The government has developed and approved the job descriptions for specialist nurses and midwives, a Deputy Minister of Health, Ms Tina Mensah, has said.
This is to differentiate between general and specialist nursing and midwifery.
The grades for specialist, senior specialist and consultant in the nursing and midwifery field in the healthcare system have also been established and approved by the Fair Wages and Salaries Commission (FWSC).
Ms Mensah made this known at the fourth annual general meeting and second Scientific Conference of the Ghana College of Nurses and Midwives (GCNM) in Accra.
The meeting, which brought together nurses and midwives from across the country, discussed “Maximising technology in accelerating universal health coverage (UHC): The role of nursing and midwifery in the era of specialisation”.
As part of the AGM, 112 associate members and 43 members were inducted into the college.
The GCNM was incepted in 2013 with the mandate to provide specialist and postgraduate education in nursing and midwifery.
It is also mandated to provide continuous professional education and also contribute to policy formulation for improved healthcare outcomes.
Ms Mensah said there was an urgent need for specialist nurses and midwives, considering the current demand for their services.
“General nurses, when confronted with complex situations, would have to wait for doctors to come, and in some cases it will be too late. But now with specialisation, a nurse or midwife with the specialised skills can hold the fort in the absence of a doctor.
“Nurses and midwives who specialise in a specific niche have the opportunity to become experts in their field and influence practice, education and healthcare outcomes,” she said.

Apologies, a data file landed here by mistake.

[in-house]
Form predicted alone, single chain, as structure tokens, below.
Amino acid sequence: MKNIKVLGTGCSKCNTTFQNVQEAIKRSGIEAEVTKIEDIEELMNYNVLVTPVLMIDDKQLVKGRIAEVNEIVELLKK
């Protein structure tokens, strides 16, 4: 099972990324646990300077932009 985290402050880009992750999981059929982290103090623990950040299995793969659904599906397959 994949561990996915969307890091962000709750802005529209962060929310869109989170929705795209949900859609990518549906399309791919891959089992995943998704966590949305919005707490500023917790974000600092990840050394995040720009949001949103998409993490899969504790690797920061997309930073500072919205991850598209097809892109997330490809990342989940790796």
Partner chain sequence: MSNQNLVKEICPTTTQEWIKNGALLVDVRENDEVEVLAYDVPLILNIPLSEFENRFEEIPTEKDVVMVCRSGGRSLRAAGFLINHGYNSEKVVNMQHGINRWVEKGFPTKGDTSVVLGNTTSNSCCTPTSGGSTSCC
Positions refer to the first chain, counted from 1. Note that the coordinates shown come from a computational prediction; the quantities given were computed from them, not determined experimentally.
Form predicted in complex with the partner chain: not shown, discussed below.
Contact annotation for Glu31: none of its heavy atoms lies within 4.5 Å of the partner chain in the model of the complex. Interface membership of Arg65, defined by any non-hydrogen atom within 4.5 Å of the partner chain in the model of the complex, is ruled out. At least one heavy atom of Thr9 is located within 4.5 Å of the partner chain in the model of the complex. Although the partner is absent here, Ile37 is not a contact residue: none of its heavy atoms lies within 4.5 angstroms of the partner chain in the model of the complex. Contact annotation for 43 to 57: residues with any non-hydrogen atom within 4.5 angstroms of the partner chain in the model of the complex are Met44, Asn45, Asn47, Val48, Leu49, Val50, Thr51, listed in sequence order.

She said the ministry had the urgency to work hard to achieve UHC and the Sustainable Development Goals and had, therefore, initiated a comprehensive road map for the country towards the accelerated achievement of UHC.
Presenting her report, the Rector of the GCNM, Ms Hannah Acquah, urged the Ministry of Health to consider developing a policy to mandate nurses and midwives to specialise after their basic professional training in their areas of interest.
She said the nursing and midwifery profession in the country needed to evolve fast to be abreast of the global trends and also be equipped to provide population-specific, disease-specific, rather than general, care.
She called on the government to consider sponsoring nurses and midwives to specialise.
Touching on the challenges of the college, Ms Acquah said it did not have a permanent facility to accommodate administrative and lecture duties and also lacked vehicles to undertake monitoring and supervisory works.
The Akwamuhene, Odeneho Kwafo Akoto III, who delivered the keynote address, underscored the need for specialisation in the nursing and midwifery profession, so that nurses and midwives were not restricted.
He said there was the need for diversification in the fields of specialisation in nursing and midwifery, so that practitioners could complement the work of doctors to enable the country to achieve UHC.
“It is about time nursing and midwifery curriculum and courses were structured to have sufficient content of information technology and associated gadgets and the operating manuals used in modern healthcare delivery,” he stated.